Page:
11. 11.  Studies open systems and acknowledges the complexity of reality  Emancipatory: considers that we have the potential to change structures.  Emphasises the importance of unobservable phenomena, e.g. social structures such as class  Potential for us to be misled by appearances, but there is a real world which is independent of this.  Open to varied range of methods
    12. 12.  Argues that empirical regularities are not essential for causality.  Predictions are possible but not infallible. Theories cannot be decisively tested.  Social science should study the deep structures that underlie behaviour.
    13. 13. Three understandings of reality are invoked (Burr, 1998):  Reality as truth – [vs falsehood]  Reality as materiality – [vs illusion]  Reality as essence – [vs construction] [There is a lot of binary, oppositional thinking involved in these ‘debates’].
    14. 14.  Which position do you usually take?  Epistemologically speaking …
    15. 15.  Methodology is the study of methods  The word "method" has its roots in the ancient Greek term “methodos”.  Methodos has been translated to have two meanings. ◦ A technical interpretation as "the path toward knowledge“ ◦ A philosophical interpretation as "reflections on the quest for knowledge gathered".
    16. 16.  Method is often held to follow from epistemology.  If we feel that individuals hold the key to understanding social phenomenon whom will we study? ◦ – groups or ◦ - individuals?
    17. 17. Validity  ecological validity, are we testing what we think we are testing? ◦ do laboratory tests generalise to the real world? Causality  Research can establish a link between two factors e.g. Job status and job satisfaction but that does not necessarily imply causal relations between the two.  Correlation – ◦ A correlation does not imply causation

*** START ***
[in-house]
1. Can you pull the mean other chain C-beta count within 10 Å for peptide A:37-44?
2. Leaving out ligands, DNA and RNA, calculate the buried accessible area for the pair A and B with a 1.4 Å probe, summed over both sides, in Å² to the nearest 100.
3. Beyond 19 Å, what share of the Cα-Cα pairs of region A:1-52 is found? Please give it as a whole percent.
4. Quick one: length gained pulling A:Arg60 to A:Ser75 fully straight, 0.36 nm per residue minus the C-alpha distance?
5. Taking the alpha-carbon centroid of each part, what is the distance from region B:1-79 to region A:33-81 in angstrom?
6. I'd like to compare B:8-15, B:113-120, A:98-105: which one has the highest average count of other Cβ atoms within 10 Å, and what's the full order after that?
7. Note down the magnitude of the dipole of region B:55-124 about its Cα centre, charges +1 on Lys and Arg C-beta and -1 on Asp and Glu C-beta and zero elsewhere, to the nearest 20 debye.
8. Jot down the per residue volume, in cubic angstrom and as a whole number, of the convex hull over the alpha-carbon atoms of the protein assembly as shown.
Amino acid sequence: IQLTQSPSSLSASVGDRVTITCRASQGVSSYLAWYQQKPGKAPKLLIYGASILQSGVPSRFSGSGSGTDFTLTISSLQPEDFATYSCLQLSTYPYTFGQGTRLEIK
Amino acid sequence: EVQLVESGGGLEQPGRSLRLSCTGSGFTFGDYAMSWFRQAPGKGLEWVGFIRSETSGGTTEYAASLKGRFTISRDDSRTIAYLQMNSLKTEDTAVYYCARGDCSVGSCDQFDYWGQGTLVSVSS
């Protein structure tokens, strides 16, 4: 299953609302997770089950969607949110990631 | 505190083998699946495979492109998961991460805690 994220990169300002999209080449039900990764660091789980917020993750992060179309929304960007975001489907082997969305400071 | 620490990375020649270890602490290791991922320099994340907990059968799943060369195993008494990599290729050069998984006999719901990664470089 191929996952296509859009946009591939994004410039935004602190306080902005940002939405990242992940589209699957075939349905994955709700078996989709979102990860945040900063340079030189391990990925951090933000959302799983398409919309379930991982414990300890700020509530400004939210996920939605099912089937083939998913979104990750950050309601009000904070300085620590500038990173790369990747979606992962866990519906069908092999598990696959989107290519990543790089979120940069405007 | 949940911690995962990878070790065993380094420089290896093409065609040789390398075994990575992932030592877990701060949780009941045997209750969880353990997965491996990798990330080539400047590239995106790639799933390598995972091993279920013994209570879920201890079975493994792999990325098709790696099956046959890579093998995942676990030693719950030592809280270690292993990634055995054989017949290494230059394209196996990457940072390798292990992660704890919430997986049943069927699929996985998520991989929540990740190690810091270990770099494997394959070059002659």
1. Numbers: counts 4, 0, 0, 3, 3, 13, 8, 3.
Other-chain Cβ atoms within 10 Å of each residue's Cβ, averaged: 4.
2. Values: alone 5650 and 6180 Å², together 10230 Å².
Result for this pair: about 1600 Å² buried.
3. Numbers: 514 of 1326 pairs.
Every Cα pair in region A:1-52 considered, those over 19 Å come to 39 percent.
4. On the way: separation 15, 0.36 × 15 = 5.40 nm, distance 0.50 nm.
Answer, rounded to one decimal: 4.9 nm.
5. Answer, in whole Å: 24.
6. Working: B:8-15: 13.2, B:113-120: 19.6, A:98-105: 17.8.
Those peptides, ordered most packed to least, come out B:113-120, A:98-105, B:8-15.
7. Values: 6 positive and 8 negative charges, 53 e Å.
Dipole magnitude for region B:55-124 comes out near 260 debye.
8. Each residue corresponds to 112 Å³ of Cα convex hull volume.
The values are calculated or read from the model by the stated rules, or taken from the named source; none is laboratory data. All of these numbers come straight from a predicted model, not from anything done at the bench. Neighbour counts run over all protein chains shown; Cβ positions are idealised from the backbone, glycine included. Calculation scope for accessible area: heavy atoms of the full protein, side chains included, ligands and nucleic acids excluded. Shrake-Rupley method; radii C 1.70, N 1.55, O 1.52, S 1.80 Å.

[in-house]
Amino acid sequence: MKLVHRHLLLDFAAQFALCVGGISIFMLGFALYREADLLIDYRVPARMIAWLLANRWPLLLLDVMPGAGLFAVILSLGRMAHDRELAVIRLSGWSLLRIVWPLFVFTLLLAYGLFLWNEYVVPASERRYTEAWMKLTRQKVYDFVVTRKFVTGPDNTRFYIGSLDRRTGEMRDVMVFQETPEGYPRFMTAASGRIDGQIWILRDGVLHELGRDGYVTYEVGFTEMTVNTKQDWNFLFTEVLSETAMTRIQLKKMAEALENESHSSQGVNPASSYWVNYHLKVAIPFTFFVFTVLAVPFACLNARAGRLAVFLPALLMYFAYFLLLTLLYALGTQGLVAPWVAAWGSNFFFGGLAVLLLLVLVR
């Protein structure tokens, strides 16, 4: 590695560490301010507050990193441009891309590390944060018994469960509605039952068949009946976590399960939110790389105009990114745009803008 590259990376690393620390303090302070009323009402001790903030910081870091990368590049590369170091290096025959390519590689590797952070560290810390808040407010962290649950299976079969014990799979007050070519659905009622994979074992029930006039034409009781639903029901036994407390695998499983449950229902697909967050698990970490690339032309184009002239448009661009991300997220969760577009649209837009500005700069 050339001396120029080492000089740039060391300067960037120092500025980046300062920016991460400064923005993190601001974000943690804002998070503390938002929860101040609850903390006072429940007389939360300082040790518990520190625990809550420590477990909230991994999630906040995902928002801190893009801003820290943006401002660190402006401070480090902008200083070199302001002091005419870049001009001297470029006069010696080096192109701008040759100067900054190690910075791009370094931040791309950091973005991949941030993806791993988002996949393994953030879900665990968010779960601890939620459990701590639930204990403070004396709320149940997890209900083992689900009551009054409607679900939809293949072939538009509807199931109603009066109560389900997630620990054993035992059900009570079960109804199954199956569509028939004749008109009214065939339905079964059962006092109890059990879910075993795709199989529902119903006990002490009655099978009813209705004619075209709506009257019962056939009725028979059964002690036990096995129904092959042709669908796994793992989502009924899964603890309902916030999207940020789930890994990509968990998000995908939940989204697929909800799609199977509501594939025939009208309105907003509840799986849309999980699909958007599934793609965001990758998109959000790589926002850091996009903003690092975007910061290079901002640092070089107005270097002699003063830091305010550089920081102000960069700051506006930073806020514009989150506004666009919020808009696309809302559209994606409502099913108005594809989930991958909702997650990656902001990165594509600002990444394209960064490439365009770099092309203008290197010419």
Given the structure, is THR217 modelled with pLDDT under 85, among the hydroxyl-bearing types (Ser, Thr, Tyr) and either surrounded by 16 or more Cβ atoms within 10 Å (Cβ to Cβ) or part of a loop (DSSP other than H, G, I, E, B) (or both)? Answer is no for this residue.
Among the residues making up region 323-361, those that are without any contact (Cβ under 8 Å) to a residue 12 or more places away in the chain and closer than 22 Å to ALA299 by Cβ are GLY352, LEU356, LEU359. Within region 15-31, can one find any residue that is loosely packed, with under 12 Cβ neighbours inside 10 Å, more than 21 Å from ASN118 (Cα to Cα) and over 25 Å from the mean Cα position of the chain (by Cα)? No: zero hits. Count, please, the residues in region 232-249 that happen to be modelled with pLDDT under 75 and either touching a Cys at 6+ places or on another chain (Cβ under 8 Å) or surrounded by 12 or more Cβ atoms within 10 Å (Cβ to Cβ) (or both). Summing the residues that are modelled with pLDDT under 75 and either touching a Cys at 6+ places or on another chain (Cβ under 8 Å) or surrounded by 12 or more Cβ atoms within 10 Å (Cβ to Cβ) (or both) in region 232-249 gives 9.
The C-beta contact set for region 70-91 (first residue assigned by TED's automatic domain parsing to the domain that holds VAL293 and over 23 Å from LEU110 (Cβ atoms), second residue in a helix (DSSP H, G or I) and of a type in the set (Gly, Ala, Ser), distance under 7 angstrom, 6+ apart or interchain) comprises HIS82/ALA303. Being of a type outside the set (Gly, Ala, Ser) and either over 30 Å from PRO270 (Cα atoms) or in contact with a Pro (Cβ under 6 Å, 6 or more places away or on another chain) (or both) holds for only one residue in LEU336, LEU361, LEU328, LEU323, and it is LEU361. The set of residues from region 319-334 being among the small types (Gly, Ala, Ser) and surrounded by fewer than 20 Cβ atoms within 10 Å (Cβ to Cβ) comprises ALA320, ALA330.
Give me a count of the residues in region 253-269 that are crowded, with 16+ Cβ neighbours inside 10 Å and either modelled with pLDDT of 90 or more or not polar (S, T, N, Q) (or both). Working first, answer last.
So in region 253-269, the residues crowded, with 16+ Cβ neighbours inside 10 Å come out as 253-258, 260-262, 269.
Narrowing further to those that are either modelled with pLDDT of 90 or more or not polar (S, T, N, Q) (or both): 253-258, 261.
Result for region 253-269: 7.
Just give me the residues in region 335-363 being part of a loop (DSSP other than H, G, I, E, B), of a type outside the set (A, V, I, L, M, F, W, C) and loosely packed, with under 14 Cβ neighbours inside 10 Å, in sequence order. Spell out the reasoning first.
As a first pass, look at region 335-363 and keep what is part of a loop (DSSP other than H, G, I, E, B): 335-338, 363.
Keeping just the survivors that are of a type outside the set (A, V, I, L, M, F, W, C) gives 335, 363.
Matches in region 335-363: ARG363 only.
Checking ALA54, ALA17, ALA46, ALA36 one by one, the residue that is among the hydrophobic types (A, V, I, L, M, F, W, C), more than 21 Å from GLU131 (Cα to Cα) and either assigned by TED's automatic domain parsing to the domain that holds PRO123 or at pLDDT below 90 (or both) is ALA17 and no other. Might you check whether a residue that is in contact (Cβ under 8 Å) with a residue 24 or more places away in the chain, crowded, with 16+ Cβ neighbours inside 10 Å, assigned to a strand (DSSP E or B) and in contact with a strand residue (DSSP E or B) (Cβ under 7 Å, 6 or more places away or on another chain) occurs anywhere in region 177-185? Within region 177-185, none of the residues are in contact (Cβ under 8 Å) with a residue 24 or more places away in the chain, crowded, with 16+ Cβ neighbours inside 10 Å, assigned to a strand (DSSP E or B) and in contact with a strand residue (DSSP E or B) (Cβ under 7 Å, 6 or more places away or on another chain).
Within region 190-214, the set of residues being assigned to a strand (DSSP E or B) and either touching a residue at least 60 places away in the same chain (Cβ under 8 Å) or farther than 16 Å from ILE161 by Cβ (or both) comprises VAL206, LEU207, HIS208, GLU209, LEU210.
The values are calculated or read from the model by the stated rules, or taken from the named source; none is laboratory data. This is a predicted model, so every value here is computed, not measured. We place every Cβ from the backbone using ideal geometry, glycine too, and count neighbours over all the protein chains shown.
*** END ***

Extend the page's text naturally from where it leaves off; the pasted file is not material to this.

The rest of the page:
18. 18.  There are many unobservable factors involved in social research, as researchers we infer meaning.  Meanings may change and are bound up with societal norms etc.
    19. 19.  We are all part of a society with it’s own culture, therefore it is difficult to remain detached whilst researching the society we are part of.  Therefore societal values do influence social scientific knowledge.  Subject-object problem: ◦ How knowledge is shaped by historical and social norms, values, constraints and pre-conceptions
    20. 20.  Research is reflexive  Research is an iterative process  Researchers should be self-critical ◦ We learn as we go along  What parts of our last experiment worked well or not  Will we change our methods, procedures, stimuli etc.  We lay down markers for future researchers  Research involves a process of learning about research itself.
    21. 21. E.g.  Observe behaviour, exclude values through closure: measures outcomes.  Grant structures a real theoretical status & explore their explanatory merit; values form part of these structures.  Engage with meaning, reveal values through reflexive practices: understand processes.
    22. 22.  People have in-built preferred learning styles (like visualiser-verbaliser)  These styles can be objectively measured and/or categorised  Learning Material can be “tailored” such that a match to the individual learning style results in better learning
    23. 23.  There exists a personality trait “learning styles”  More generally there exist a collection of personality traits capable of measurement: Learning Styles is hypothesised to be one of them
    24. 24.  Realist and Positivist: The learning style (personality trait) exists and can be measured objectively  The idea of matching teaching to style is an hypothesis for investigation
    25. 25.  Measures of learning styles are notoriously unreliable  Matching students to style produces such a small advantage (it may even be negative) that the effort of producing tailored material outweighs any benefit found  Maybe they don’t exist at all
    26. 26. Consider how you would approach some of the ECA topics with the various positions we have just discussed in mind.